PURPOSE: Management of traumatic splenic injury may be operative or non-operative (including embolization and conservative management). Traditionally, haemodynamic instability has been an indication for operative intervention. We aimed to report our experience of managing traumatic splenic injury at a regional major trauma centre in the UK over a 4-year period, with a particular focus on the non-operative management (NOM) of haemodynamically unstable patients.
METHODS: All patients with splenic injuries admitted to North Bristol NHS Trust from April 2012 to March 2016 were included. Patients were classified for analyses by injury severity (low or high grade), haemodynamic instability (defined as a reverse shock index < 1) and management category (operative or non-operative).
RESULTS: 106 patients were included. Overall 85.8% of patients received NOM: 79.2% conservative and 6.6% interventional radiology. Two patients (2.4%) managed conservatively required further intervention. Haemodynamically stable and unstable patients were equally likely to receive NOM (89.7 and 81.3% respectively, p = 1). All unstable patients with low-grade injuries were managed conservatively and only one (2.7%) required further intervention. Two unstable patients with high-grade injuries (28.6%) underwent NOM successfully.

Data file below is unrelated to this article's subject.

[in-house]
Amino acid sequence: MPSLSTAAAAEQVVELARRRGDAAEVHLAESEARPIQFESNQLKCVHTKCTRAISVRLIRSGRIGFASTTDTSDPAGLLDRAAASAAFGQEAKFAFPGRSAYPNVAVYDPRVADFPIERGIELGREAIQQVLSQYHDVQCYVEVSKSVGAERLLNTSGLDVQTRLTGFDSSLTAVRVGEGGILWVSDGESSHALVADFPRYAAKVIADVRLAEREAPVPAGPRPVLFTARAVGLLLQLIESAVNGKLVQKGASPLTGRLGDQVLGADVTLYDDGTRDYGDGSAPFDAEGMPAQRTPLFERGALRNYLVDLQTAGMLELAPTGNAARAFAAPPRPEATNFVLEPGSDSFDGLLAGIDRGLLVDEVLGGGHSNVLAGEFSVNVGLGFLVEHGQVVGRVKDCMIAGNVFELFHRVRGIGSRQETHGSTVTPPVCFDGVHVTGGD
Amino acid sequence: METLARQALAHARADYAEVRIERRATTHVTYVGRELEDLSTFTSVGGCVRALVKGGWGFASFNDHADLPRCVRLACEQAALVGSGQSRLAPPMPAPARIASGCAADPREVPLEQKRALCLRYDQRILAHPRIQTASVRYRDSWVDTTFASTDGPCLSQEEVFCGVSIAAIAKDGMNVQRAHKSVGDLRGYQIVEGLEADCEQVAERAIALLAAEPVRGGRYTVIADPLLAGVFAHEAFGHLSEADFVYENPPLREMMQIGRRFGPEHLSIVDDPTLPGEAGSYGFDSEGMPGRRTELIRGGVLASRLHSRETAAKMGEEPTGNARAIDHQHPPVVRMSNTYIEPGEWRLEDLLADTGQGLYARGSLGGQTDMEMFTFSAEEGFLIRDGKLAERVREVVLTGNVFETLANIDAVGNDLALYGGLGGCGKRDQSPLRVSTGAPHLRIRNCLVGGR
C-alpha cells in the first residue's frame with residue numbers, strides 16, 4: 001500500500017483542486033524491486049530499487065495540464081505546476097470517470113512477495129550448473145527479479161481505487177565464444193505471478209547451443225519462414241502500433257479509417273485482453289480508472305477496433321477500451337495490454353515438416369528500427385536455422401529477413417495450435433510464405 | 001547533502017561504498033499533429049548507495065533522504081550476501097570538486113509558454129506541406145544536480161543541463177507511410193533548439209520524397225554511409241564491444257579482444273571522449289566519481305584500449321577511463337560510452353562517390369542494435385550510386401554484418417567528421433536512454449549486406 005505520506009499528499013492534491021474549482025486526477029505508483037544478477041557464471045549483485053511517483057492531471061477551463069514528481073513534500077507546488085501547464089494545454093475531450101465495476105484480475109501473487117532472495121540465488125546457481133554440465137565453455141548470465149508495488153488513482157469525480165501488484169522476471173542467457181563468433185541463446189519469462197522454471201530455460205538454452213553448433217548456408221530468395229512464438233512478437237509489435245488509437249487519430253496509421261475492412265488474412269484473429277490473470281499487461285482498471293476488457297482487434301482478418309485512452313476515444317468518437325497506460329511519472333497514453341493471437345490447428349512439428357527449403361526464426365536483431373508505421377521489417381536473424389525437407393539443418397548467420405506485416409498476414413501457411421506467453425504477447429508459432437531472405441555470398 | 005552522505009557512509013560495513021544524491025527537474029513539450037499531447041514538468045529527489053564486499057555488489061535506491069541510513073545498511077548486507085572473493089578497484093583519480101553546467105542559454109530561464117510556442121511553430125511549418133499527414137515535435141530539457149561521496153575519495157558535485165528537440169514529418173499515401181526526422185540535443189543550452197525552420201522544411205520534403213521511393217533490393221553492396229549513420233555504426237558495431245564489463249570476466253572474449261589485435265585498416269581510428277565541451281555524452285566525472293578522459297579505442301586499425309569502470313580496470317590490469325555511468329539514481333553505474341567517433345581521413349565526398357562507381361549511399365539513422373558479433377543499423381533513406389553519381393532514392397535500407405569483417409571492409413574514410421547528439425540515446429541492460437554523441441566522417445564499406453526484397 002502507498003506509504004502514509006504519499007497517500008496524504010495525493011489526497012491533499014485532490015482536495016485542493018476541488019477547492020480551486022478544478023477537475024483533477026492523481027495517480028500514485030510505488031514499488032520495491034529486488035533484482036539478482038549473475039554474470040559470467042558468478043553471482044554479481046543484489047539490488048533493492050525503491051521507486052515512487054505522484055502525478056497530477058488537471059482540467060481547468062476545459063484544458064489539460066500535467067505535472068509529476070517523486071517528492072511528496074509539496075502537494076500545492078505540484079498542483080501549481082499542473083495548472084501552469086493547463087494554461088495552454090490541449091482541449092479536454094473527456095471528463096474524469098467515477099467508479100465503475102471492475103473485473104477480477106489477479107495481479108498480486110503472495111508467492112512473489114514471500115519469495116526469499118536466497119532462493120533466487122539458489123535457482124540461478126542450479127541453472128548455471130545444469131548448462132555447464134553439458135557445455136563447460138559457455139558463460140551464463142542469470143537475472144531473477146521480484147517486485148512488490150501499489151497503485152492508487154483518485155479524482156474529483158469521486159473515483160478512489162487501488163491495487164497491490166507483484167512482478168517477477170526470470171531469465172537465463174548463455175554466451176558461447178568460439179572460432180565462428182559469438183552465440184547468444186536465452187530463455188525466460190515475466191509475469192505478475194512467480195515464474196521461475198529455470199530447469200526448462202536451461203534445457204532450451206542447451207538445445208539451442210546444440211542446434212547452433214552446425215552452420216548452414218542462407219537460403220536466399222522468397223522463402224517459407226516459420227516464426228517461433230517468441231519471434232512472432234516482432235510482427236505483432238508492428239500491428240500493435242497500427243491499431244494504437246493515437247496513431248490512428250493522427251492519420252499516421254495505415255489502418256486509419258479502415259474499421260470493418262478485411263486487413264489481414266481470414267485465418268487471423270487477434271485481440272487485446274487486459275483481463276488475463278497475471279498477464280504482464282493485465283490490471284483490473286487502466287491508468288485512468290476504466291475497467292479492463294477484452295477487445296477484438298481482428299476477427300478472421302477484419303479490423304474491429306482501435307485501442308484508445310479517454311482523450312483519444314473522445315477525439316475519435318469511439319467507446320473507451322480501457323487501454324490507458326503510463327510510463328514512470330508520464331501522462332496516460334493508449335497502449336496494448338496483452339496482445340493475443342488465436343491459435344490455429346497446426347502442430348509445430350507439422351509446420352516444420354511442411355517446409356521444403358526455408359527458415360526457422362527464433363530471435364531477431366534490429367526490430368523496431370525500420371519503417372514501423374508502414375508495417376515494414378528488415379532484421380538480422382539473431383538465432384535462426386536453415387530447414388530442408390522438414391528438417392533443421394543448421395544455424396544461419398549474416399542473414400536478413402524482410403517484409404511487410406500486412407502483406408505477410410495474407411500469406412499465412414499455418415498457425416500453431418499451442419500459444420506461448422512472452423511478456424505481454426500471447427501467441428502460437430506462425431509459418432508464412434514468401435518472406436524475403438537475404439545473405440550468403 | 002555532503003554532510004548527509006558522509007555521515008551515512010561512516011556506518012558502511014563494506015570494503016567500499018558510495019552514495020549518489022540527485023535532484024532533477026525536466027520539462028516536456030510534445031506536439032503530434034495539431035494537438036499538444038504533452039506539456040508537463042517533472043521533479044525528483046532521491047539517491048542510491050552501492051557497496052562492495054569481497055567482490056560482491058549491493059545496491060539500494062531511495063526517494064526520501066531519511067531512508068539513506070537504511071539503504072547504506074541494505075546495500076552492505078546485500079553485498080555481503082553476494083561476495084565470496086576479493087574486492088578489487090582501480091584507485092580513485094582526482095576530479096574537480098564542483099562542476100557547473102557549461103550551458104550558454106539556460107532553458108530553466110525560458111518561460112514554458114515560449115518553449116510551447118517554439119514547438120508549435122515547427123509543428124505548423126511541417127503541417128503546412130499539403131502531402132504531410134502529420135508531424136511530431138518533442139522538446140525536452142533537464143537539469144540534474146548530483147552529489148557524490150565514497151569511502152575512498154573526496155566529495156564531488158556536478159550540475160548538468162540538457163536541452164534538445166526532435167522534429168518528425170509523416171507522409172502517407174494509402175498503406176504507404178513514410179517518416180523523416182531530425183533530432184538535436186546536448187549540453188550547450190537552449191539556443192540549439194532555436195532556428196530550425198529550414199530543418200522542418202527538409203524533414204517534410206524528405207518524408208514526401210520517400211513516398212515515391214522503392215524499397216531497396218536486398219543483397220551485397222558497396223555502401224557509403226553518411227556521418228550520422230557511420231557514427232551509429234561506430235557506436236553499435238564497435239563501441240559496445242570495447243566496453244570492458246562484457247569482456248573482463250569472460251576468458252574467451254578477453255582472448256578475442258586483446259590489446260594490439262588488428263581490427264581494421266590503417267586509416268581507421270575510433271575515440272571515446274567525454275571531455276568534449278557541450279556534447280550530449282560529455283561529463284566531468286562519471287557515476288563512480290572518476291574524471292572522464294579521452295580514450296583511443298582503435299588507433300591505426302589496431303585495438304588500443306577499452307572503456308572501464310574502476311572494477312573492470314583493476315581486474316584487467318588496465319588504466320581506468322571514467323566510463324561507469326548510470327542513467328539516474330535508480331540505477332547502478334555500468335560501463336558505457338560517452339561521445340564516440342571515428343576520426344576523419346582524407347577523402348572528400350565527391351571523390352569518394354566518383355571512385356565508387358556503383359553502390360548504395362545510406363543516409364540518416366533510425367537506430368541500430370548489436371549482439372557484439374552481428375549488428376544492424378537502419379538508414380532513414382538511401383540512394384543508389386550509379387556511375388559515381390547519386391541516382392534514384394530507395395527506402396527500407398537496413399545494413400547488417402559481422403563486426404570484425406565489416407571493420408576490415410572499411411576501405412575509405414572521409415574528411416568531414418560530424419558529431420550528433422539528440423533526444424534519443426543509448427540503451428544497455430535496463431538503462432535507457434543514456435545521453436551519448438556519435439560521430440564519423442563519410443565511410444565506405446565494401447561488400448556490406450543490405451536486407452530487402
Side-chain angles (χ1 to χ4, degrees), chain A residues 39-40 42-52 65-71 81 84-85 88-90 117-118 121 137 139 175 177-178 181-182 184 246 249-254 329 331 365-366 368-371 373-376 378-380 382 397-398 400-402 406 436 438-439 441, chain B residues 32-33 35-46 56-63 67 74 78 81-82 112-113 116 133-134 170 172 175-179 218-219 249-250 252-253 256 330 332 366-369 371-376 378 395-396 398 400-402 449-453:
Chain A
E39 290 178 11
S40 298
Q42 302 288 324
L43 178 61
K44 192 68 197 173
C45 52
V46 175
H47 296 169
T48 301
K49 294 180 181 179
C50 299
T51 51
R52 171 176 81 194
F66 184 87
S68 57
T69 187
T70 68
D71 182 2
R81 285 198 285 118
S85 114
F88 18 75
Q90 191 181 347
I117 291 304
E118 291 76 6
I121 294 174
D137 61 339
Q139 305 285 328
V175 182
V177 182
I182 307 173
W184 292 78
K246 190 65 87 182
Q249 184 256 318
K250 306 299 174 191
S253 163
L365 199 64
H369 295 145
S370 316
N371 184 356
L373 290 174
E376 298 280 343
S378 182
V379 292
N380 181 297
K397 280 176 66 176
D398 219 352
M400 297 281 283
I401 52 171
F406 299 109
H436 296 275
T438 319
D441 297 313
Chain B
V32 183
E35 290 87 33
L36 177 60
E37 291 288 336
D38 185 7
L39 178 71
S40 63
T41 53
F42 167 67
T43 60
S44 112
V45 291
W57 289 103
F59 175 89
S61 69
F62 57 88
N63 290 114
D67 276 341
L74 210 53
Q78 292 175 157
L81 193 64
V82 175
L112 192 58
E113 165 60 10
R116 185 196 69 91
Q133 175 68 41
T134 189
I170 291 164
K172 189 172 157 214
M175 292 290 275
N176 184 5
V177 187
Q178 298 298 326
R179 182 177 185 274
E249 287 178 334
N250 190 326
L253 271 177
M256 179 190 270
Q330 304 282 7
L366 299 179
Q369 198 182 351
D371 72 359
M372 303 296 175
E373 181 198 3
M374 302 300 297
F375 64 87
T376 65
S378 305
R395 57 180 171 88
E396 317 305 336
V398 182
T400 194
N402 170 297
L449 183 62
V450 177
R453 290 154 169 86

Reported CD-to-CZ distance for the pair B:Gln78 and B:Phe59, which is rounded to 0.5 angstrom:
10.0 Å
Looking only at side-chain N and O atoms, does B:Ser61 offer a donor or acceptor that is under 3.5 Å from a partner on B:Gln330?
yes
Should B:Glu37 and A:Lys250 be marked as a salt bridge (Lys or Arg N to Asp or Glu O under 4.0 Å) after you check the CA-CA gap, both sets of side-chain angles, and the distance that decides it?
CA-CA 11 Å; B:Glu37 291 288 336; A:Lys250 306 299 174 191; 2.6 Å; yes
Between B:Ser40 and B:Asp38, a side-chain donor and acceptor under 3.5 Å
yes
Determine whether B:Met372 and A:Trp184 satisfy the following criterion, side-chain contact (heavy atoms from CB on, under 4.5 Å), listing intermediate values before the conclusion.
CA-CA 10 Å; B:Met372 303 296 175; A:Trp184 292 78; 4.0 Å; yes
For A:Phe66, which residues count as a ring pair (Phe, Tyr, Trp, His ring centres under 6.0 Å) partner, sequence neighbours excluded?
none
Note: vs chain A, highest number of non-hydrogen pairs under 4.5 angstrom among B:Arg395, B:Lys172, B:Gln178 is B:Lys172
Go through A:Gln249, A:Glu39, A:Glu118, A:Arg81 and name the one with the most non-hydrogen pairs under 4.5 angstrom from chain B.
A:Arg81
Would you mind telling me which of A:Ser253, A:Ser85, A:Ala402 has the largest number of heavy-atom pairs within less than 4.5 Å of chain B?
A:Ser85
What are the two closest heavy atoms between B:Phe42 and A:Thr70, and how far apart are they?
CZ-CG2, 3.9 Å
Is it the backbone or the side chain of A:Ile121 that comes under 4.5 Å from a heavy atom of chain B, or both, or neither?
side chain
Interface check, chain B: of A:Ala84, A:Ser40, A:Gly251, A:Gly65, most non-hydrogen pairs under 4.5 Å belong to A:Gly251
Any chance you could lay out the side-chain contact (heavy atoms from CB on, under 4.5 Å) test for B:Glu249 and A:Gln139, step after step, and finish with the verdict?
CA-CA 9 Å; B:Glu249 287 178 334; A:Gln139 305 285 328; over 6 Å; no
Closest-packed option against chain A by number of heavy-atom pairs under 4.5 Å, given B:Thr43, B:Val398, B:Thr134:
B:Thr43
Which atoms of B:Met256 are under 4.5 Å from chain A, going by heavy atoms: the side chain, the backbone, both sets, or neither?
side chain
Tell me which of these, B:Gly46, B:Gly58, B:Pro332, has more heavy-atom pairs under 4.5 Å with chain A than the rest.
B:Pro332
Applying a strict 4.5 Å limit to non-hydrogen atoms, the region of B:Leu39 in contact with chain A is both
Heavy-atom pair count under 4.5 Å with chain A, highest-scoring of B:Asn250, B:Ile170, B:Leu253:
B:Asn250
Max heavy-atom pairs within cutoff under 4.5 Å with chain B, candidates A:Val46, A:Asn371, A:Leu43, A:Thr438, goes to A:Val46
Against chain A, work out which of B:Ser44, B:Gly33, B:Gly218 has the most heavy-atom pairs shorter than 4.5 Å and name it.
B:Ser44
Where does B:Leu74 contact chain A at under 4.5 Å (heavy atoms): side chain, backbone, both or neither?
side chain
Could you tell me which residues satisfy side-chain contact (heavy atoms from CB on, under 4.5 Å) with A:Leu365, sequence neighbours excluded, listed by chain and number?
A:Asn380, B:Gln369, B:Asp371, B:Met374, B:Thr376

CONCLUSIONS: These data support the safe application of non-operative management to haemodynamically unstable patients with traumatic splenic injury, particularly in those with low-grade injuries. Additional prospective work is required to define the subgroup of patients for whom this is appropriate and to determine the long-term outcomes of NOM.
|Number of pages||6|
|Journal||European journal of trauma and emergency surgery : official publication of the European Trauma Society|
|Publication status||Published - 16 Jun 2018|
- Abdominal Injuries/therapy
- Aged, 80 and over
- Conservative Treatment
- Injury Severity Score
- Middle Aged
- Outcome Assessment, Health Care
- Retrospective Studies
- Trauma Centers
- United Kingdom
- Wounds, Nonpenetrating/therapy
- Young Adult